Jesus Christ ‘didn’t die’ as forgotten ‘crucifixion identity switch’ story revisited

Jesus Christ ‘crippled’ a man’s son claims Biblical expert

Ancient texts claiming to tell the story of a different Christianity and Jesus Christ have repeatedly surfaced over the thousands of years since the religion came into being. Artefacts that have been presented to archaeologists and theologists have more often than not been identified as fakes. Some have gone under the radar, being adopted as the real thing, like a collection of Dead Sea Scrolls at the Museum of the Bible, Washington DC, that later turned out to be forgeries.

The most explosive series of stories were unearthed in northern Egypt in 1945, revealing a subversive Christ, shedding light on his childhood years.

The Gnostic Gospels were proved to be authentic and filled the gap between Jesus’ 12th and 30th years, quickly adopted by many scholars as stories that supplement the canonical gospels.

Other texts have been found, including those compiled by the early Christian Egyptian Gnostic teacher, Basilides.

His writings were, at the time, condemned for claiming that Jesus Christ had not died on the cross.

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Basilides, who claimed to have had his teaching from the apostle Saint Matthias, maintained that by sleight of hand, Christ had swapped places with a devout follower at the last minute, escaping crucifixion and death by the Romans.

His outlandish proposition was explored during National Geographic’s documentary, the ‘Secret Lives Of Jesus’.

During the first 300 years of Christianity, accounts of Christ’s death were surprisingly varied.

At the time, writers were searching for ways to come to terms with the idea that Jesus – the son of God – could be executed.

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Craig Evans, Professor of New Testament at Acadia Divinity College, explained the context of the aftermath of Jesus’ death, and said: “Later gospels written in the second century and the third century, there’s a different agenda at work.

“Jesus’ death is here understood in a different way or maybe denied altogether.

“He is understood to be somebody who didn’t really die at all.”

Basilides’ various accounts quickly proved the most provocative, the majority of them deemed so inflammatory they were destroyed.

His most contentious lost gospel says the man who died was a substitute, what the documentary described as an “innocent victim” put there by Jesus himself.

Even the Bible’s traditional account says a bystander helped Christ carry the cross, a man named Simon of Cyrene.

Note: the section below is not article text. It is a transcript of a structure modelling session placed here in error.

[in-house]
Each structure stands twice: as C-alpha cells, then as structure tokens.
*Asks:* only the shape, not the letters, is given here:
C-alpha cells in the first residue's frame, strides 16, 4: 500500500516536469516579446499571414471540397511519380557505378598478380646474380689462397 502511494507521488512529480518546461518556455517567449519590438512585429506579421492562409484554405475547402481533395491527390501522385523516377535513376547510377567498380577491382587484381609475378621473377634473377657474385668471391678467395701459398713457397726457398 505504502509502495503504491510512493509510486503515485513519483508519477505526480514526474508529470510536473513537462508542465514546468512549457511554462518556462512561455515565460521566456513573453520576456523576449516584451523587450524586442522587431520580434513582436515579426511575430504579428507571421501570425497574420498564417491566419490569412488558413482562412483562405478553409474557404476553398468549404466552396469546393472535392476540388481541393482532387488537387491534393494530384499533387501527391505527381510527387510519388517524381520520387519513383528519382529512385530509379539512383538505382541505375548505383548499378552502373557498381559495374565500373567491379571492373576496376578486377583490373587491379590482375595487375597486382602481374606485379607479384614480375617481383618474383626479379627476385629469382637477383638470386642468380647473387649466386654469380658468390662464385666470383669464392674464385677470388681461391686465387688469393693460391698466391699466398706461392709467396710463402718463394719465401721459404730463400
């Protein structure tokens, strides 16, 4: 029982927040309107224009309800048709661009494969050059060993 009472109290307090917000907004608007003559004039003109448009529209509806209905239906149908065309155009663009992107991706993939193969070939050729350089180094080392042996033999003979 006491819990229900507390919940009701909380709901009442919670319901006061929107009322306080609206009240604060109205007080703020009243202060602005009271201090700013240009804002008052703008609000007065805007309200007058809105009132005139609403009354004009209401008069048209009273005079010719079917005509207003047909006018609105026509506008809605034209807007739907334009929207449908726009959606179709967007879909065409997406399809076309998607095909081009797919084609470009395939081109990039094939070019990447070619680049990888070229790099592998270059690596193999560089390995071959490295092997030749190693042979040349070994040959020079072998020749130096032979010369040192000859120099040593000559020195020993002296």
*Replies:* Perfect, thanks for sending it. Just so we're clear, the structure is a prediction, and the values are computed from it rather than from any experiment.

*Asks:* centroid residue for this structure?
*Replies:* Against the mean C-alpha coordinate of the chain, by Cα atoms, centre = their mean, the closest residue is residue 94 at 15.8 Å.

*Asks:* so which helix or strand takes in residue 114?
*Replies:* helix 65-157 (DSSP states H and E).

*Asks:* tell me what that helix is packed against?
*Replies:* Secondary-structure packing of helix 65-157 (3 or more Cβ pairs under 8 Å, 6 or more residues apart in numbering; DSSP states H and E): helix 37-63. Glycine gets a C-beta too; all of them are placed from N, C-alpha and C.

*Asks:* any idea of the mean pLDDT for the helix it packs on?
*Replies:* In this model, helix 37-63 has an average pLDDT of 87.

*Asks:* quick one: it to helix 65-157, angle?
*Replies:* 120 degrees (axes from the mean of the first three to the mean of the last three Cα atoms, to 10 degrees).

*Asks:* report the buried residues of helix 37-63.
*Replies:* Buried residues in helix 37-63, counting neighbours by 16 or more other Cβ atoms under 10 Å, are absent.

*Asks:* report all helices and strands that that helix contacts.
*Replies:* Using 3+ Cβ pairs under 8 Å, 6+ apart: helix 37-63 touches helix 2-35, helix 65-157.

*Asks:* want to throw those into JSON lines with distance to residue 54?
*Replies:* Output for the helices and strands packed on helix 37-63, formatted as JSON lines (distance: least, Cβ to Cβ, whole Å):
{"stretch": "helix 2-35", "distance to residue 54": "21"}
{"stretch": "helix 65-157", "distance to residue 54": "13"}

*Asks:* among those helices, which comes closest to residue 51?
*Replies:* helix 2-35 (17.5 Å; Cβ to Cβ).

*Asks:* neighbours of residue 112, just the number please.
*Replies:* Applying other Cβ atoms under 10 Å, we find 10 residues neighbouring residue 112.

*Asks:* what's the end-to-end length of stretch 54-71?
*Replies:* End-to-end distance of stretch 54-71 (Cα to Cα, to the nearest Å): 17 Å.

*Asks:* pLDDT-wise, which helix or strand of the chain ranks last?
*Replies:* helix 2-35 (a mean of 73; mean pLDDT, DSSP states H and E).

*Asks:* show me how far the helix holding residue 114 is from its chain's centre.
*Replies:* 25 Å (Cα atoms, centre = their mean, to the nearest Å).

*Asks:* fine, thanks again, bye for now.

In his writings, Basilides says Christ invokes a “stunning and deceitful trick upon his assistant”.

Marvin Meyer, Professor of Bible and Christian Studies at Chapman University, said: “This legend is found already in the New Testament, that there was a certain Simon of Cyrene that helped Jesus carry the cross.”


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Bart Ehrman, Professor of religious studies at the University of North Carolina, added: “According to Basilides Jesus pulled an identity switch.

“While Simon was carrying his cross he made Simon take on his own appearance, and Jesus took on the appearance of Simon.”

One of Basilides’ critics at the time wrote: “Simon was transfigured so that he might be thought to be Jesus.

“And he was crucified through ignorance and error.

“While Jesus himself received the form of Simon, and standing by, laughed at them.”

Ben Witherington, author of ‘What Have They Done with Jesus?’, told the documentary that the story reveals Christ’s more cunning side.

He said: “He’s mocking the notion that anybody could crucify him.”

Some scholars believe the Basildes version of the death story is born from the disbelief that Christ – the Messiah – could have died in such a horrible way.

It was one way to deal with the “scandal” of the crucifixion.

The Gnostic Gospels, as well as stories from discounted Gnostic teachers, have piqued interest around the world.

Perhaps most notable are the comments made by Professor Richard Dawkins, the evolutionary biologist and staunch atheist.

He described the gospels as deeply fascinating and noted the overt “significance” of the texts, pointing specifically towards the story of Judas Iscariot.

In the Gnostic Gospels, Judas is portrayed not as the arch-villain of the Jesus story, but as the person who fulfilled Jesus’ wish to ask the authorities for crucifixion in exchange for money.

The gospels are still widely debated over today, and are held at the Coptic Museum in Cairo, Egypt, that has the largest collection of Egyptian Christian artefacts in the world.

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